The last two notable projects this July comes in the form of hip-hop albums from two artists who have solidified their place in the rap community. Vince Staples released his eponymous fourth studio album this month and IDK, that’s his name just to clarify, released his second studio album, USEE4YOURSELF. Both albums, unfortunately, did not impress most fans especially IDK’s follow-up to his acclaimed album Is He Real?. USEE4YOURSELF breaks some new ground for IDK and he experiments with downright weird ideas and production. Unfortunately, it’s not nearly as polished or successful as his calculated risk of a first album and is honestly a disappointment for most fans. The project is not cohesive whatsoever and random features seem to steal the limelight from IDK on almost every track. I would recommend “Pradadabang” and “Shoot My Shot”, the two good singles off of this whole project. The lyrics are confusing and the theme doesn’t make sense. IDK prides himself on perspective and seeing the world from different angles but from all the angles I’ve tried to explore this project from, it still doesn’t cut it for me.

Vince Staples’s Vince Staples, on the other hand, is an overall much better project. It’s nothing special and is just a vibey EP from a promising rapper. It’s just classic Vince Staples music with different production compared to everything else he’s put out. I give Vince props for taking a risk like this. It didn’t pay off entirely there are still some flaws in the work. Many people don’t see it as a risk at all and think that Vince was playing it safe by giving melancholy and boring verses over beats that are nothing special. However, if you’re looking for vibey music from a great rapper, this is more than enough. The album is produced by Kenny Beats and I honestly never would’ve guessed because it’s so different from Kenny’s other works such as 2020’s UNLOCKED with Denzel Curry. Every song feels good and it’s overall just an average album. I would recommend Big Fish Theory and Summertime ‘06, two of Vince’s other albums, before this.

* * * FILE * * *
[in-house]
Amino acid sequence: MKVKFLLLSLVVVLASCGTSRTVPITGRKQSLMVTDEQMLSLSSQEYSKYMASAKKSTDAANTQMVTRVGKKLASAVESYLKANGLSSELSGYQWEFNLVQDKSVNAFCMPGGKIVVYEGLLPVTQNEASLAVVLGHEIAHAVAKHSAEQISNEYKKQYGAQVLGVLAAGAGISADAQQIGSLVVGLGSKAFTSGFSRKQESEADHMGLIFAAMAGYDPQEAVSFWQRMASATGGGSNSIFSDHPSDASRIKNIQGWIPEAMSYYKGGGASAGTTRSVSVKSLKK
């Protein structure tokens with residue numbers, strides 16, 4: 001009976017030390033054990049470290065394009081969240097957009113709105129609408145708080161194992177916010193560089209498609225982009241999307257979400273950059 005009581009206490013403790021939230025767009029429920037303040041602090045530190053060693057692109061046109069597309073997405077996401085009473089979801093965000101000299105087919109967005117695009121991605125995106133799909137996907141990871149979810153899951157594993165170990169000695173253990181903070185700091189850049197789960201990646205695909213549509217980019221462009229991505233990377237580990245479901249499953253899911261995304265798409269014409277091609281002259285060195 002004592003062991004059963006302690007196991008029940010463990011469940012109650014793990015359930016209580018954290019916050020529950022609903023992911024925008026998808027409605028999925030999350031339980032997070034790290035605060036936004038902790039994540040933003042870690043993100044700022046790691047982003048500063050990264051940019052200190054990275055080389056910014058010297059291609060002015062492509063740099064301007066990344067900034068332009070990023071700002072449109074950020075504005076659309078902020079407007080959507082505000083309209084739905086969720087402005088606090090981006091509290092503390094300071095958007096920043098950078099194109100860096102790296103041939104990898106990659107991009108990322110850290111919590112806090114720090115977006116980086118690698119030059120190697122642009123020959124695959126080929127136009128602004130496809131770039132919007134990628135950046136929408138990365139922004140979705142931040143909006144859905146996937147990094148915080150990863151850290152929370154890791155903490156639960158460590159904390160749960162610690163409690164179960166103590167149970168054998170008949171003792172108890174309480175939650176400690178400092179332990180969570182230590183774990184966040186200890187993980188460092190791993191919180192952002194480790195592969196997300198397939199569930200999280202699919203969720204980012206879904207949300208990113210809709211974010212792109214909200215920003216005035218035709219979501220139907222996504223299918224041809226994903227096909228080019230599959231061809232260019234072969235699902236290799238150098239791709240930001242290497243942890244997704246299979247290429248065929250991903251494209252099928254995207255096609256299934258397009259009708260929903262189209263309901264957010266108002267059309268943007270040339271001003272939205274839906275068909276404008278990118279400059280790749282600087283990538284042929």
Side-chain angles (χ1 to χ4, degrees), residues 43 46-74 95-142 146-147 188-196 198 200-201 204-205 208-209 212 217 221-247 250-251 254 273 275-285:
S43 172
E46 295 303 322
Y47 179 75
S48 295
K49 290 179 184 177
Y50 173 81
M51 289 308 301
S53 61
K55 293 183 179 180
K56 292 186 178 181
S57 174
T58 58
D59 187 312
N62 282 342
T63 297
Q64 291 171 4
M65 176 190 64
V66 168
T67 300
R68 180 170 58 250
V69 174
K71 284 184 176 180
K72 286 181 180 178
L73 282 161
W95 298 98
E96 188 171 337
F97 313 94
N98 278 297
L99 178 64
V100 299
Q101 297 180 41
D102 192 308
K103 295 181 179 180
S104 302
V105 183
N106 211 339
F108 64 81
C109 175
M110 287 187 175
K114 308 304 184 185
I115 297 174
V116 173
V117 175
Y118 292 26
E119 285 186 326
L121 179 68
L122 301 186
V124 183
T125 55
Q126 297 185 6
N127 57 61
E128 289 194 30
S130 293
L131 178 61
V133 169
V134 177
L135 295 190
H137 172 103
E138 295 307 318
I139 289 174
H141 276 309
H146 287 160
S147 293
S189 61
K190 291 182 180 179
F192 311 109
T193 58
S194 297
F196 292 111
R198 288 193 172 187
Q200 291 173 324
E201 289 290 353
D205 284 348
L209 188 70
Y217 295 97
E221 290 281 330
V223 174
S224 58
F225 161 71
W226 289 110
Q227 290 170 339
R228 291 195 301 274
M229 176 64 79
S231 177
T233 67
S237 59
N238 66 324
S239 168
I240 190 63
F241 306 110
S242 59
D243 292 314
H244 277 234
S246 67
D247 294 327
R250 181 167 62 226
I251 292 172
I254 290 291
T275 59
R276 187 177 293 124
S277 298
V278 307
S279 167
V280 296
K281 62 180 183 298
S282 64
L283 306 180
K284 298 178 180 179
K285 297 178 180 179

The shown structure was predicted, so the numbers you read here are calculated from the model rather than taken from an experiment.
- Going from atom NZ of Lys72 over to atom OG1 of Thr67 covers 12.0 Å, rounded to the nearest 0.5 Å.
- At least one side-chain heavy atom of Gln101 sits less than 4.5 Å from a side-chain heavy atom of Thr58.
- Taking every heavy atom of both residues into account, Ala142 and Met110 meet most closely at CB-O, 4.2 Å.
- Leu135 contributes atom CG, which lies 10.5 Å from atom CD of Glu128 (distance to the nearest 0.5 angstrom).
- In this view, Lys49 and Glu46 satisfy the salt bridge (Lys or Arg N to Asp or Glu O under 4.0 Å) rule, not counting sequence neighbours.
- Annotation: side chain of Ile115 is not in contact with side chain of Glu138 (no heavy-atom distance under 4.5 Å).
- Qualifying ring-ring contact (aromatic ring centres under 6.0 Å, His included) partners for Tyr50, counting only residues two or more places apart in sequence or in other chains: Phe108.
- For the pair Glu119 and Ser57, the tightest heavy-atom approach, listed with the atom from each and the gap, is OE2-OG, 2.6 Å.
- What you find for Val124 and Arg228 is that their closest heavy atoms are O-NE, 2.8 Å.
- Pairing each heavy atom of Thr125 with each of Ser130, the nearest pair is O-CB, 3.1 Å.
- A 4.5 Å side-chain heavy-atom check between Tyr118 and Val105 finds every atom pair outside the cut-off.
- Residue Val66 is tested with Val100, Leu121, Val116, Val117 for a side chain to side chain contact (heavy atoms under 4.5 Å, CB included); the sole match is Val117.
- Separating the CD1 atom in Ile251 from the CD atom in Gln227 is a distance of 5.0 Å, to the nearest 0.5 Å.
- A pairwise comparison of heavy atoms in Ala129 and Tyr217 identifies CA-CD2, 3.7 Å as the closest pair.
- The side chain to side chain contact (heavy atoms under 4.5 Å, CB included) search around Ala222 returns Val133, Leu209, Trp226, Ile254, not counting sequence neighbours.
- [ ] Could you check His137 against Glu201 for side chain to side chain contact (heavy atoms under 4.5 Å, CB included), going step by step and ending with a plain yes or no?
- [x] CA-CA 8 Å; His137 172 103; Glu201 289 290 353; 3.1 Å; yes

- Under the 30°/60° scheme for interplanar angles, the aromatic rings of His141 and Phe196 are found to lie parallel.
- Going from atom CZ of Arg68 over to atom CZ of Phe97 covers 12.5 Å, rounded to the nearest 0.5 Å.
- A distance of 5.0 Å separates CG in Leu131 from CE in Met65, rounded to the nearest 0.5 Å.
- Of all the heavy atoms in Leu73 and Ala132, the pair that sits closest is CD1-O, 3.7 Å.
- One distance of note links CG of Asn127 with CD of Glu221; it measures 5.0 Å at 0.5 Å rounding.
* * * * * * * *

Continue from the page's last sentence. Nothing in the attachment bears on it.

Album of the Month for July was an extremely easy choice, but that’s not to say there wasn’t good music that came out besides Billie’s masterpiece. Unfortunately, most of this good music came from various places and there was not one album that had as much great music in one album as Happier Than Ever. That made my job as the reviewer very easy.